This is worth a read.
There's some bits I think "I'm not sure that comparison works there" but the main point is the whitewash of dance music.
Which if you'd have been unfortunate enough to be at the afters with me some point from 1998 - 2002 I might have banged on about. With all the other white people I was off my face with.
But this speaks to the point that cultural appropriation happens, and that you think you're an ok person but you've contributed because you're part of it and once commercialisation steps in then. Well. all bets are off.
It's horrible, you start off interested in a bit of music and it's very easy to fetishize the cultural bits around it.
I think the bit I find difficult is that in Manchester the jockey slut/bugged out group of people put on some really good things which recognised the importance of Detroit and black musicians.
What I remember is that while I may have seen lots of black djs playing black music, the events I went to were pretty white (almost exclusively really).
Bit rambly. Sorry.
I'll be honest, while some of the content is interesting I feel like that needs to be rewritten or heavily edited by someone else. It reads like someone's had one too many coffees.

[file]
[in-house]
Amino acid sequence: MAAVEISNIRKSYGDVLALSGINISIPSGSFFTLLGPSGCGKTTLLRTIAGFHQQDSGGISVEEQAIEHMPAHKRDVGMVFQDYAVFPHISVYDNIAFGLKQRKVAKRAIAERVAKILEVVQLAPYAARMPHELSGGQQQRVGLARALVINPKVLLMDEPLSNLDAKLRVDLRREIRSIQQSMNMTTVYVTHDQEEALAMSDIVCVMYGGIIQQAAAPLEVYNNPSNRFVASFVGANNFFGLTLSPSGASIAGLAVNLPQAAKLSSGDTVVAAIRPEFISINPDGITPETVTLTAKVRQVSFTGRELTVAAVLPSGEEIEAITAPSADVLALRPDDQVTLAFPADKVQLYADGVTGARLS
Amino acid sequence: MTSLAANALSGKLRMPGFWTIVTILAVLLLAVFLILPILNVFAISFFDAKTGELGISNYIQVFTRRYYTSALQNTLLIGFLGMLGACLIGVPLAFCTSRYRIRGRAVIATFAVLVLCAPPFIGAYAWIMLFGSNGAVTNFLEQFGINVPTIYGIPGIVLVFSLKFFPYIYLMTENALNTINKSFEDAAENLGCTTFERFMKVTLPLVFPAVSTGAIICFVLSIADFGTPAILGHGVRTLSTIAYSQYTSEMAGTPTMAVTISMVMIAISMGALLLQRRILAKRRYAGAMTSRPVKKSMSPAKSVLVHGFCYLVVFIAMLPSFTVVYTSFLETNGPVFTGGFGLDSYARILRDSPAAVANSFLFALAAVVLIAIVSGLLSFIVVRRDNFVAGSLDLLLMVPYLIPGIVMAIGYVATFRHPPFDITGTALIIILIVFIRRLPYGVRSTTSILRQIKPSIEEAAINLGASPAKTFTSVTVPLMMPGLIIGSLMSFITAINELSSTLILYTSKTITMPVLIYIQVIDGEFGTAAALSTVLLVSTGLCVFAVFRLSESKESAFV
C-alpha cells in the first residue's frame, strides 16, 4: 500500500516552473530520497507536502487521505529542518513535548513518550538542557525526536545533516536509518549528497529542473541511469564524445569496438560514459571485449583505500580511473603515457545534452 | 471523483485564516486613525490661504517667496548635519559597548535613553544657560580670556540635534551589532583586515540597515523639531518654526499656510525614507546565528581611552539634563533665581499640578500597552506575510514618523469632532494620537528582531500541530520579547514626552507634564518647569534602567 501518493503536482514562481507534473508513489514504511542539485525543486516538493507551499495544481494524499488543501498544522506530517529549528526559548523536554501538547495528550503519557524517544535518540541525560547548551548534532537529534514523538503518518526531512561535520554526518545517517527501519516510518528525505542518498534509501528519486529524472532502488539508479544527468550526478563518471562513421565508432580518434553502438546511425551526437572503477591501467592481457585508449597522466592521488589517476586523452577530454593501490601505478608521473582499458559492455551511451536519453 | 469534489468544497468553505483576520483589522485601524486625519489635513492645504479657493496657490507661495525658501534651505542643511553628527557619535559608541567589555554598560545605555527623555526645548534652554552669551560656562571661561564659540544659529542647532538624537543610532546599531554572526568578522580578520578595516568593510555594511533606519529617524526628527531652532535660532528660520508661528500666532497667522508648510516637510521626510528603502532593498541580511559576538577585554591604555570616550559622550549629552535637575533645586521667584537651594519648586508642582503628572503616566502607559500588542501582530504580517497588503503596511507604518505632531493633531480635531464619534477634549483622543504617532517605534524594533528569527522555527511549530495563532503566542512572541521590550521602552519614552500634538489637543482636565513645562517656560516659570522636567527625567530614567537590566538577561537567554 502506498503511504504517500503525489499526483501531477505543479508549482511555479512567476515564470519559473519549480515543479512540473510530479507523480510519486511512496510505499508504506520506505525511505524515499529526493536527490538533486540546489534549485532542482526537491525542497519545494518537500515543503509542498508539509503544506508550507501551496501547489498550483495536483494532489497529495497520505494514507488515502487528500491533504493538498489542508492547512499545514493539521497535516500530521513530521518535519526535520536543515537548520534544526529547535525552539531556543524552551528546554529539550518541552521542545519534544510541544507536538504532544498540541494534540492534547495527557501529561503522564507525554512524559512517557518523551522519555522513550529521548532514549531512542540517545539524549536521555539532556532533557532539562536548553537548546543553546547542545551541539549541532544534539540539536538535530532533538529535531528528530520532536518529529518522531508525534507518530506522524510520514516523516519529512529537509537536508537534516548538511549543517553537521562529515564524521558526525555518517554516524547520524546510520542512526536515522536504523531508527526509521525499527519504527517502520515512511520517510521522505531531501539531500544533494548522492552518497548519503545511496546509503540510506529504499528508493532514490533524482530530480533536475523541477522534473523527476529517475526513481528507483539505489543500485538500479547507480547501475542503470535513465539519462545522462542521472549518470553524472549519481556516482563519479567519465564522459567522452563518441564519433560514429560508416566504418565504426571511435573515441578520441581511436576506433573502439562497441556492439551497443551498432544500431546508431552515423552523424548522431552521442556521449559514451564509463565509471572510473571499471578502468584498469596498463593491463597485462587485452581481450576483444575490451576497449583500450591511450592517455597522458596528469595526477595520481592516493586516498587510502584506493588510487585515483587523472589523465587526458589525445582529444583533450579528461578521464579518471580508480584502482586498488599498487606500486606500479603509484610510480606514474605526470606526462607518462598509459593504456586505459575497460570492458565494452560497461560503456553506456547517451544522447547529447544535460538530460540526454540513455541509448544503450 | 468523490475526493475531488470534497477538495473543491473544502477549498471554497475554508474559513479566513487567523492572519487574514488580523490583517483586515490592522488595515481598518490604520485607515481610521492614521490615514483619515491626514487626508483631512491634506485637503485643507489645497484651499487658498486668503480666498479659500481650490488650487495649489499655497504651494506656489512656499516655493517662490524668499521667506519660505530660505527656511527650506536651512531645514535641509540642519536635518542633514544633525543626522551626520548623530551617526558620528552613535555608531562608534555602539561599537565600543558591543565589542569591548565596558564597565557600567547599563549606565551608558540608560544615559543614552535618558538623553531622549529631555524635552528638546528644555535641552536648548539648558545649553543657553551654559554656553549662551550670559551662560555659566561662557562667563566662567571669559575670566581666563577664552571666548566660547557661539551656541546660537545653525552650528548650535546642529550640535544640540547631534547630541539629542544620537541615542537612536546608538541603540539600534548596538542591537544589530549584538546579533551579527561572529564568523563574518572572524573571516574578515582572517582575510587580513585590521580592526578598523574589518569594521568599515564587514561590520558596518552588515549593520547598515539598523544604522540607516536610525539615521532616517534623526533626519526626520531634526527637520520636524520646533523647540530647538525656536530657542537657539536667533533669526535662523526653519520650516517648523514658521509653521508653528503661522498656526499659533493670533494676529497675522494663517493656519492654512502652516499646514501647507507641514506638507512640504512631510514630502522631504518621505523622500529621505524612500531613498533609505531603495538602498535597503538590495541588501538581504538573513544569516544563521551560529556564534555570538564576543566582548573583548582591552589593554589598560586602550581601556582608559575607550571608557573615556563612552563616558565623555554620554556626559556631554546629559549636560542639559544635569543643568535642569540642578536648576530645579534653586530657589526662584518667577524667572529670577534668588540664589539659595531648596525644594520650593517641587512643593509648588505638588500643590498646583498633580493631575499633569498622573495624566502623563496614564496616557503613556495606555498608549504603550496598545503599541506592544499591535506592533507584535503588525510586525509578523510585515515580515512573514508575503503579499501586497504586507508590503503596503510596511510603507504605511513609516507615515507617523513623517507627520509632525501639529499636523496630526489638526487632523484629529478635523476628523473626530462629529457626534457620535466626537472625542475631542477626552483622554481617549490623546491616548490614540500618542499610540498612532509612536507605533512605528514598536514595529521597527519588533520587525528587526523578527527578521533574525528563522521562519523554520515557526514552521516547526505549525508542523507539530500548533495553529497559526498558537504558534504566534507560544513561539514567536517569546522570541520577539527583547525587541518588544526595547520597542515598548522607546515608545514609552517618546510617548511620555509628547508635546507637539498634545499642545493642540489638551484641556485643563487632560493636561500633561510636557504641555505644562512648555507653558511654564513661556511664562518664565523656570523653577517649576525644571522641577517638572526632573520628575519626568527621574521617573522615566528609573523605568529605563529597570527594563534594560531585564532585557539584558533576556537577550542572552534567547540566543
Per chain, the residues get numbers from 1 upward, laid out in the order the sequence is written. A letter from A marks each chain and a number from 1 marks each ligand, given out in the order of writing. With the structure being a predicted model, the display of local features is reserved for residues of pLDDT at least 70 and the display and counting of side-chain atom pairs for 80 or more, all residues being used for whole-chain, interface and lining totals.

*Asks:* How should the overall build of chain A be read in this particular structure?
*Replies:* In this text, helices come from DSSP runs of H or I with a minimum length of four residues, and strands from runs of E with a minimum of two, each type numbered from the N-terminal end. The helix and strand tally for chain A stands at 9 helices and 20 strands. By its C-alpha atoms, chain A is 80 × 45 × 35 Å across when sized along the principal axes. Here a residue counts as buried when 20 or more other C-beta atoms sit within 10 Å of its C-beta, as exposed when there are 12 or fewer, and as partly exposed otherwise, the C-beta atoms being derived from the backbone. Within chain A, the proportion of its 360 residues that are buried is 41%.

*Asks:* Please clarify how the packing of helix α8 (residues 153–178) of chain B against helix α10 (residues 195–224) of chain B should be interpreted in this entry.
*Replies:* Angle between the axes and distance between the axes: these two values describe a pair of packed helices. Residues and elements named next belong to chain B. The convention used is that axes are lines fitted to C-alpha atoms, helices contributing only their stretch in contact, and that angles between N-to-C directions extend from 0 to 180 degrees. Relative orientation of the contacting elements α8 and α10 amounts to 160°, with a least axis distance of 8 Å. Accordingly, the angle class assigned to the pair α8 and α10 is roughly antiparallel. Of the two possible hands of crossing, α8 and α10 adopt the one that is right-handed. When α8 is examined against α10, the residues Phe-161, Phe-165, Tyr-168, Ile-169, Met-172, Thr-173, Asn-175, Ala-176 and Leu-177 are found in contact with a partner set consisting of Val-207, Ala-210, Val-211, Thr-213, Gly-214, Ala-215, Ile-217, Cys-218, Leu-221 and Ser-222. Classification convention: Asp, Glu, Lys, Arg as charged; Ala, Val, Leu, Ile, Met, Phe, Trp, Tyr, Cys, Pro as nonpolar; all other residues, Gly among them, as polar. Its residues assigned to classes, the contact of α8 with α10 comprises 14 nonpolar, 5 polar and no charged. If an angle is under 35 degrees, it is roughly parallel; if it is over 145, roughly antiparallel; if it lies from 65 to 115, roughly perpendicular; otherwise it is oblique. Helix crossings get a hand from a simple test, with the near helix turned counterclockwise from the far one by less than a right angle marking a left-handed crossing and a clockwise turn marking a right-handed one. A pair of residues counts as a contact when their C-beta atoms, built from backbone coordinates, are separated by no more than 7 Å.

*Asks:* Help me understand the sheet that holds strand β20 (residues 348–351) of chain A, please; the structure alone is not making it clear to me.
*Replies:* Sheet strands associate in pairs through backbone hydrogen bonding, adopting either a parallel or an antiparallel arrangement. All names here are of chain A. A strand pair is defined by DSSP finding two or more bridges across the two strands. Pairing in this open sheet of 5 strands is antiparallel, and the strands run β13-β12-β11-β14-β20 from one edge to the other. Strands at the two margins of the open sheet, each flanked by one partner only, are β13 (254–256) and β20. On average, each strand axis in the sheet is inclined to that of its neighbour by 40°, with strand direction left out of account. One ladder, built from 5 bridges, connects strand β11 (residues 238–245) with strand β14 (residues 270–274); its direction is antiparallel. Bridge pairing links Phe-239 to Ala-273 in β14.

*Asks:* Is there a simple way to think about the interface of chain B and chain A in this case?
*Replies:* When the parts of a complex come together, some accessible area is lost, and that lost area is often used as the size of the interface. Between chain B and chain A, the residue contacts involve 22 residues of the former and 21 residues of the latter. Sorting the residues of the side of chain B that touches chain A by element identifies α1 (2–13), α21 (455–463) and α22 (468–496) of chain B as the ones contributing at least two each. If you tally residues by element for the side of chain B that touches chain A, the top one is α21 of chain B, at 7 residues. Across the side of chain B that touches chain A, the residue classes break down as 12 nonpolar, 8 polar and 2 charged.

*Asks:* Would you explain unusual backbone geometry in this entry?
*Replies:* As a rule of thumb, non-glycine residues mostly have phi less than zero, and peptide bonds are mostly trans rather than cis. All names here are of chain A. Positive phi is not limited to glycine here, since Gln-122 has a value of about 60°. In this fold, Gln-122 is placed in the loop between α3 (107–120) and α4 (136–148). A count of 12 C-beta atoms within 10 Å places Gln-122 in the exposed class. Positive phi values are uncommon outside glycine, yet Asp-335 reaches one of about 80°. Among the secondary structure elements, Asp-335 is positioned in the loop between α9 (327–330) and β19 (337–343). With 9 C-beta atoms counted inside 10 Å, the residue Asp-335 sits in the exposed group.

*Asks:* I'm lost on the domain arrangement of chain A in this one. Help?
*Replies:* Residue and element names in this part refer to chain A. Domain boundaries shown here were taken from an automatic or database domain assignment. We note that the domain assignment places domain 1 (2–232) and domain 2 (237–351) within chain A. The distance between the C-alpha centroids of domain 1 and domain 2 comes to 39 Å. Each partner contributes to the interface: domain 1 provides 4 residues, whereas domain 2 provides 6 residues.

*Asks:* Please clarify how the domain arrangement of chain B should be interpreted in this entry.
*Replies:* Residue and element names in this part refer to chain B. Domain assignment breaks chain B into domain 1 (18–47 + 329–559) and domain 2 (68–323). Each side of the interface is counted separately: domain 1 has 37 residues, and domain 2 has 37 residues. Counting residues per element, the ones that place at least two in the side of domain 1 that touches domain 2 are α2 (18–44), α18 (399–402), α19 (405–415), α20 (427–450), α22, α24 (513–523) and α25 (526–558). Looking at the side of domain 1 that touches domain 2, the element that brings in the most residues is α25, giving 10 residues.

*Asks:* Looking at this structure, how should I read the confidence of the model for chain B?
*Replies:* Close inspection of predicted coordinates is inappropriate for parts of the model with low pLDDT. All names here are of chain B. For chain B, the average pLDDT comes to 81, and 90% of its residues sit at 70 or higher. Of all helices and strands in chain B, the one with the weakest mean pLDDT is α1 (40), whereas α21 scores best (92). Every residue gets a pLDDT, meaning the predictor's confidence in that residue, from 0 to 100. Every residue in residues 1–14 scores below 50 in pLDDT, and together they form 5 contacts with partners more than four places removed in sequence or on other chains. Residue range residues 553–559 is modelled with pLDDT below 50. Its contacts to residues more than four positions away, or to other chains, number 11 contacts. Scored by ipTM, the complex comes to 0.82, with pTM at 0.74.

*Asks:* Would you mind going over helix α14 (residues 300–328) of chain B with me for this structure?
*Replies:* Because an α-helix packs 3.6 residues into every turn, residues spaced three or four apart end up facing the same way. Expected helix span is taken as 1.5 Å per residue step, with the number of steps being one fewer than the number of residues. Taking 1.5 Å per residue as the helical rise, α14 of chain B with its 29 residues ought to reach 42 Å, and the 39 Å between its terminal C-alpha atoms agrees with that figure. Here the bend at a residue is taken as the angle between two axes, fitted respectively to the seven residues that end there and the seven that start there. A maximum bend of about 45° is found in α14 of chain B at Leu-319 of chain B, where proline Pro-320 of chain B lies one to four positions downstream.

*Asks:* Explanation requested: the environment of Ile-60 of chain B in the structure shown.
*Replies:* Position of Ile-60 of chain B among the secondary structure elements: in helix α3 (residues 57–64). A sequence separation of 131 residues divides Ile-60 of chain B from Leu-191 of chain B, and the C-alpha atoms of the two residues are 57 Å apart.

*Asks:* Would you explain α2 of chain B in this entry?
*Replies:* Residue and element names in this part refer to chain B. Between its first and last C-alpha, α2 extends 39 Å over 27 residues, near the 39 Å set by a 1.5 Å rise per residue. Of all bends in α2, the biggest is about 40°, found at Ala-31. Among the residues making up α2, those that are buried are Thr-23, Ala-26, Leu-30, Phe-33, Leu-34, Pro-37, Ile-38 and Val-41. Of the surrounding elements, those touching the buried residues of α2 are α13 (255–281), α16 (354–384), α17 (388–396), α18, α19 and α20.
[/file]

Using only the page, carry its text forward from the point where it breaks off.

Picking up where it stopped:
My probably very blinkered view is that regardless of Detroit roots of dance music I see a large part of the serious development and springboarding into the mainstream of that whole category of music in its widest sense as being a UK thing (not to take away from places like Berlin and Ibiza).
I wasn't massively into house when I was young* and the techno I listened to was predominantly on the South East Coast ie very white areas.
Mainly I listened to d'n b, jungle and old school. My memory of audience demographics for those genres were that they were dictated by the area. Bristol = majority black, London = evenish mix, South Coast = majority white. My memory might not be accurate, but only Nottingham springs to mind as being more white than it "should have been" based on population % - but that I'd presume is the Uni contingent and still by no means predominantly white.
Maybe that's because those sub-genres have a more obvious and direct connection to their origins?
*to be brutally honest I still view it more as easy listening or driving music that I associate with a modern version of the Fast Show Jazz, nice man.
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